The unwanted playlists when I choose to "Add to LIbrary" all my thousands of MP3 files are a nuisance. What's much more important is the disc space consumed by making one extra copy for each MP3 when it appears in a playlist on an external drive.
If "myfile.mp3" is added, and isn't referred to in any playlist a single copy of it is made on my iMac. If it appears in one playlist, an additional file ("myfile 1.mp3") is created, with "myfile 2.mp3" for a second playlist and so on, and these additional files appear in the list of songs in iTunes.
Sorry, I didn't tell the whole story!
I have some 20,000 songs which I have accumulated over years on my Windows PC, and transferred over to Ubuntu as Windows became too slow to tolerate on the elderly hardware.
I've just bought a new iMac, and am in the process of transferring everything across from the old PC.
As part of this, I opened iTunes, and chose "Add to Library", giving as the source a shared /Music folder on the old system - this contains subfolders for artist for album and for track, so you would have:
/Music/B.B. King/Deuces Wild/01 - B.B. King - If You Love Me.m4a
There was no apparent option to include or ignore any particular filetype, so I left it running overnight, and came back to find all the duplicates in iTunes, a host of playlists I didn't want, and duplication of the files on my iMac.
Here's a directory listing produced using "ls -Rai" in Terminal of the files imported to my iMac:
./B.B. King/Deuces Wild:
1061304 01 - B.B. King - If You Love Me 1.m4a
1061302 01 - B.B. King - If You Love Me.m4a
1061305 02 - B.B. King - The Thrill Is Gone 1.m4a
1061292 02 - B.B. King - The Thrill Is Gone.m4a
1061306 03 - B.B. King - Rock Me Baby 1.m4a
1061287 03 - B.B. King - Rock Me Baby.m4a
1061307 04 - B.B. King - Please Send Me Someone To Love 1.m4a
1061294 04 - B.B. King - Please Send Me Someone To Love.m4a
1061308 05 - B.B. King - Baby I Love You 1.m4a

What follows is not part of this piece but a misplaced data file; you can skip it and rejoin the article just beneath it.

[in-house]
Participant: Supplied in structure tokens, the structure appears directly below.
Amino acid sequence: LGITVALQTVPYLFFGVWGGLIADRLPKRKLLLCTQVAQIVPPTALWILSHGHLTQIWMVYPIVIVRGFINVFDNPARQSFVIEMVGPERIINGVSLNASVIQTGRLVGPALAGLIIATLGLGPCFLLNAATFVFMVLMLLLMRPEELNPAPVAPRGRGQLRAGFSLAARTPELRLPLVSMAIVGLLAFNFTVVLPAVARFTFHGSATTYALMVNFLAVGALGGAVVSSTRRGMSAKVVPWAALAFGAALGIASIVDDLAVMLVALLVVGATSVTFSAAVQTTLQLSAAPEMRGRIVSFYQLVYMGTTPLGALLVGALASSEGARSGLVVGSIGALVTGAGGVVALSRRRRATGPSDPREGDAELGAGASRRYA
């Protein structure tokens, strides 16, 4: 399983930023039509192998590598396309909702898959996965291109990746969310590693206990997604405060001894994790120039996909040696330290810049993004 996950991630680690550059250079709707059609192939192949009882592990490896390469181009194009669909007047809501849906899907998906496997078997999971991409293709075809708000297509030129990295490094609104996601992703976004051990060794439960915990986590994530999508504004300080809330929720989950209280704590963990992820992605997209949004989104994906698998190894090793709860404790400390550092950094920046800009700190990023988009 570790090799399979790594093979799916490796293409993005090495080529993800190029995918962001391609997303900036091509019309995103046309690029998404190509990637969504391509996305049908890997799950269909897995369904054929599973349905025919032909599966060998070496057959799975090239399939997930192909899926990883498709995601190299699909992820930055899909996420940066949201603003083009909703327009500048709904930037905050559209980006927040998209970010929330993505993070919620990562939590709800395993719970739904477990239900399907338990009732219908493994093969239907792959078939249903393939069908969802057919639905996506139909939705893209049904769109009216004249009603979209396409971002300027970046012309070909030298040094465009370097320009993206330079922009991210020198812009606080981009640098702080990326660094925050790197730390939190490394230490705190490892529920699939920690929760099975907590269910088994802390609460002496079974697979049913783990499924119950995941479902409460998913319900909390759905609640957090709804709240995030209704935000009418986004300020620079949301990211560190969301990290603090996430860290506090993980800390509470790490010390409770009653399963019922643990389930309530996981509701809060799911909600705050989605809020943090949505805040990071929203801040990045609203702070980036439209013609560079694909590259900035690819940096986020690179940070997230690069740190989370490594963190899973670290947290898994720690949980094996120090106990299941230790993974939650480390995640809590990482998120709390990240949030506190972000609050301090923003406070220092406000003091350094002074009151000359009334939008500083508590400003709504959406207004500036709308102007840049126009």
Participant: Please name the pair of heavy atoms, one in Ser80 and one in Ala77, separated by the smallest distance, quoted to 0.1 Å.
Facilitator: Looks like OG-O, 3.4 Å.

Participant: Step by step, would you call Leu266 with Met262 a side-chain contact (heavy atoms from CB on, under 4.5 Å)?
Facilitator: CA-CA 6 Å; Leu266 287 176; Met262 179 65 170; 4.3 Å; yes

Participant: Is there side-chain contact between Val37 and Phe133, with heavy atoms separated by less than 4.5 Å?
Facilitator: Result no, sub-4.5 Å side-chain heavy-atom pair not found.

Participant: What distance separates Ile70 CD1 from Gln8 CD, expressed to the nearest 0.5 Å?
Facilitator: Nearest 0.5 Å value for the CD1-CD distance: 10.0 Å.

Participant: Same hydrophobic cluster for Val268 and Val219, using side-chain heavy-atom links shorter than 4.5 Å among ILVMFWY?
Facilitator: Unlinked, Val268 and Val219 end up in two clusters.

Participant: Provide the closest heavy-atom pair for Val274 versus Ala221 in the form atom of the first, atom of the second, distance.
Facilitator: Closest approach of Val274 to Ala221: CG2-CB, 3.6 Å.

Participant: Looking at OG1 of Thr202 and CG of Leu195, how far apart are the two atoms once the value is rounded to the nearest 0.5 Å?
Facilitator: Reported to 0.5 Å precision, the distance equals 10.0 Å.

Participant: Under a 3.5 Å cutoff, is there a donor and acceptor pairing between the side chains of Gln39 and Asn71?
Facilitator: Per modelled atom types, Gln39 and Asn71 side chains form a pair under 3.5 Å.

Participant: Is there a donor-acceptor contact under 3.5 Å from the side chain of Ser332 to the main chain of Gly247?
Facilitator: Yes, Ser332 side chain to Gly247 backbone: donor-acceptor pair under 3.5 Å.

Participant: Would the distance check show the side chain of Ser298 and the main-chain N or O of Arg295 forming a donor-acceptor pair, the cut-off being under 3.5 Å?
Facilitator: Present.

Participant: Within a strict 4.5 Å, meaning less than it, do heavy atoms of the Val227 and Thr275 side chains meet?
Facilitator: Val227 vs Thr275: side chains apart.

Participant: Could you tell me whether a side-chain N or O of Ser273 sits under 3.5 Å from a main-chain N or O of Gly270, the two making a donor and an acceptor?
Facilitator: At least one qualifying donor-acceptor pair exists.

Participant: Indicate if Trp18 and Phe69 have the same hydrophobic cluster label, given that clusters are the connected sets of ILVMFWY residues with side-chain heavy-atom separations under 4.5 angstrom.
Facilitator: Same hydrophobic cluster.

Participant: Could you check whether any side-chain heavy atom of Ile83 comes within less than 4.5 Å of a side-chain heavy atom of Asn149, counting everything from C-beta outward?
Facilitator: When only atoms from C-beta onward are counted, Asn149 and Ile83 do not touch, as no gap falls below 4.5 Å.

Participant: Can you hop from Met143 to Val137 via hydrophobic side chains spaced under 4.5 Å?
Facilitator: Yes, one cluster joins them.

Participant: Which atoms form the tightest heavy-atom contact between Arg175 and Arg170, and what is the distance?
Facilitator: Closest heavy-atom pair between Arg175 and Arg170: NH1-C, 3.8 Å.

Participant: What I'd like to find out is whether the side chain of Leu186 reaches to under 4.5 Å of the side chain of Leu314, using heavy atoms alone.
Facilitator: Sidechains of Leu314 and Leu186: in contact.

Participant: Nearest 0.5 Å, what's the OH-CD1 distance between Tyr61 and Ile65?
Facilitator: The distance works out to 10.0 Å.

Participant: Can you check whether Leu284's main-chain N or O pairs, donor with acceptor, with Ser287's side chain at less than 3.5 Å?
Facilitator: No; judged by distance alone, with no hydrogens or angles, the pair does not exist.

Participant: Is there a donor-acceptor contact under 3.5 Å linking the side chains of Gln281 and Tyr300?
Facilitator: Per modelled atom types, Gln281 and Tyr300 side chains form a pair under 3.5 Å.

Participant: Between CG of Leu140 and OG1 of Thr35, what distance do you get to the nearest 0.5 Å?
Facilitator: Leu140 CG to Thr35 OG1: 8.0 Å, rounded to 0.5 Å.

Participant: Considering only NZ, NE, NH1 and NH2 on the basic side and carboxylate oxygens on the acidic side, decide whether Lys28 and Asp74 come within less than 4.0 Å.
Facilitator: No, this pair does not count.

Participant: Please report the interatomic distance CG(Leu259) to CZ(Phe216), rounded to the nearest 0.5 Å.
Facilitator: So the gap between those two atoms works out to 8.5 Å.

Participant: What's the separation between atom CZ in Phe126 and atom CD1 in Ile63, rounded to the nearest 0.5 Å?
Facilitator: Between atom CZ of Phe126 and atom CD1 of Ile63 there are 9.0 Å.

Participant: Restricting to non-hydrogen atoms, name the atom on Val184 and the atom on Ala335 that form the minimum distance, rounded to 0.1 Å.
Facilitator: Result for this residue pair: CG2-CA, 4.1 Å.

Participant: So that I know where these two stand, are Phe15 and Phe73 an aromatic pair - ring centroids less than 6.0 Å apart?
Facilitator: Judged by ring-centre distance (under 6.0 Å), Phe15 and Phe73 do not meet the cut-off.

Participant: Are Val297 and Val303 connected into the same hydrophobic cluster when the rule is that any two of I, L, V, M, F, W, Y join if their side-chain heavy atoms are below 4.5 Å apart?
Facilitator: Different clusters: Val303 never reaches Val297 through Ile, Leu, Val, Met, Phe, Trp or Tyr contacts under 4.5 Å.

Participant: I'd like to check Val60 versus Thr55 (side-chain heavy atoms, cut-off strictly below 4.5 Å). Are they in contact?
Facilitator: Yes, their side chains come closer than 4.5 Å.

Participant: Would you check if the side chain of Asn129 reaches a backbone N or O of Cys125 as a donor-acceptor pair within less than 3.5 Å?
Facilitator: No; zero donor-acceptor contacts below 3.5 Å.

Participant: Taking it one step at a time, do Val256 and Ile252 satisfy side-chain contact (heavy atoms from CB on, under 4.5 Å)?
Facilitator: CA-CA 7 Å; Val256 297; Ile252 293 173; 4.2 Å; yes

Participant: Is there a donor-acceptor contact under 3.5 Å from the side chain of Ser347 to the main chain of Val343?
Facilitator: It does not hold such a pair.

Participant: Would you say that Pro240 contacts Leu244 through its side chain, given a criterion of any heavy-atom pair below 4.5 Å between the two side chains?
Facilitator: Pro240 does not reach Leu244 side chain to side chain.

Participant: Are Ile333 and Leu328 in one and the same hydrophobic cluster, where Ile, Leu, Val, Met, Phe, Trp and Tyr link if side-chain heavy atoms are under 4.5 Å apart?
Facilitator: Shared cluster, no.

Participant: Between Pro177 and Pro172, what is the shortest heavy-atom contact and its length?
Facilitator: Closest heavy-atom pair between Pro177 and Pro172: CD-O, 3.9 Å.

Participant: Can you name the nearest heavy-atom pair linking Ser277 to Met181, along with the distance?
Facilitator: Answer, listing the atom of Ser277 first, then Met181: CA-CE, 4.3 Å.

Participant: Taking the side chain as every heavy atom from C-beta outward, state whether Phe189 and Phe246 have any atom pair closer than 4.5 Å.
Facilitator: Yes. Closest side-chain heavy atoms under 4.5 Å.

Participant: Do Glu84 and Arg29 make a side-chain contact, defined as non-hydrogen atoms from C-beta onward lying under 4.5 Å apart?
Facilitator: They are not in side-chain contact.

1061301 05 - B.B. King - Baby I Love You.m4a
1061309 06 - B.B. King - Ain't Nobody Home 1.m4a
1061293 06 - B.B. King - Ain't Nobody Home.m4a
1061310 07 - B.B. King - Pauly's Birthday Boogie 1.m4a
1061296 07 - B.B. King - Pauly's Birthday Boogie.m4a
1061311 08 - B.B. King - There Must Be A Better World Somewhere 1.m4a
1061299 08 - B.B. King - There Must Be A Better World Somewhere.m4a
1061321 09 - B.B. King - Confessin' The Blues 1.m4a
1061312 09 - B.B. King - Confessin' The Blues.m4a
1061313 10 - B.B. King - Dangerous Mood 1.m4a
1061298 10 - B.B. King - Dangerous Mood.m4a
1061314 11 - B.B. King - Bring It Home To Me 1.m4a
1061288 11 - B.B. King - Bring It Home To Me.m4a
1061315 12 - B.B. King - Paying The Cost To Be The Boss 1.m4a
1061303 12 - B.B. King - Paying The Cost To Be The Boss.m4a
1061316 13 - B.B. King - Let The Good Times Roll 1.m4a
1061300 13 - B.B. King - Let The Good Times Roll.m4a
1061317 14 - B.B. King - Dangerous Mood 1.m4a
1061291 14 - B.B. King - Dangerous Mood.m4a
1061323 15 - B.B. King - Keep It Coming 1.m4a
1061318 15 - B.B. King - Keep It Coming.m4a
1061322 16 - B.B. King - Cryin' Won't Help You Babe 1.m4a
1061319 16 - B.B. King - Cryin' Won't Help You Babe.m4a
1061320 17 - B.B. King - Night Life 1.m4a
1061295 17 - B.B. King - Night Life.m4a
You'll see that each of the tracks is duplicated, the first copy having the track name, and the duplicate having " 1" inserted at the end of the track name and before ".m4a".
I used the "i" option in the ls command to list the inode numbers, to confirm that it's not just a matter of two filenames pointing to the same physical area on the disc, so the disc space consumed by this is significant, particularly when some of the files have three copies.
I'm sure an experienced bash script writer could write a script to remove all these duplicates, but if I could stop them happening as I hit "Add to LIbrary" I could delete everything from iTunes and start again.
(I realise that deleting the duplicate files with a script wouldn't remove the duplicate entries in iTunes - these would come up with a "!", and I would need to find some non-manual way of managing these too).
In case anyone is faced with the same problem, here's how I resolved it.
First, I had to delete everything in my iTunes library, along with the imported files in iTunes Media, and start the import process again.
Before that, I had to remove all the M3U files in the Music folder on the network drive I was using to transfer the music from.
There were too many folders with M3U files in them to do this "by hand", so I had to use terminal commands to achieve this.
I changed the current working directory to the main music folder, then used...
find . -type f | sed "s#^.#$(pwd)#" | grep m3u > rmfiles
... to create a file with full paths to all the M3U files in it ("rmfiles").
I thought I would be able to use this as standard input to the rm command, but ended up using my editor to enclose each file in quotation marks (many of them had spaces in the filenames), and prefix each line with "rm " (without the quotes).
Each line read something like:
rm "home/michael/path/to/music/Artiste/Album Name.m3u"
This file could then be run as a shell script, and worked a treat!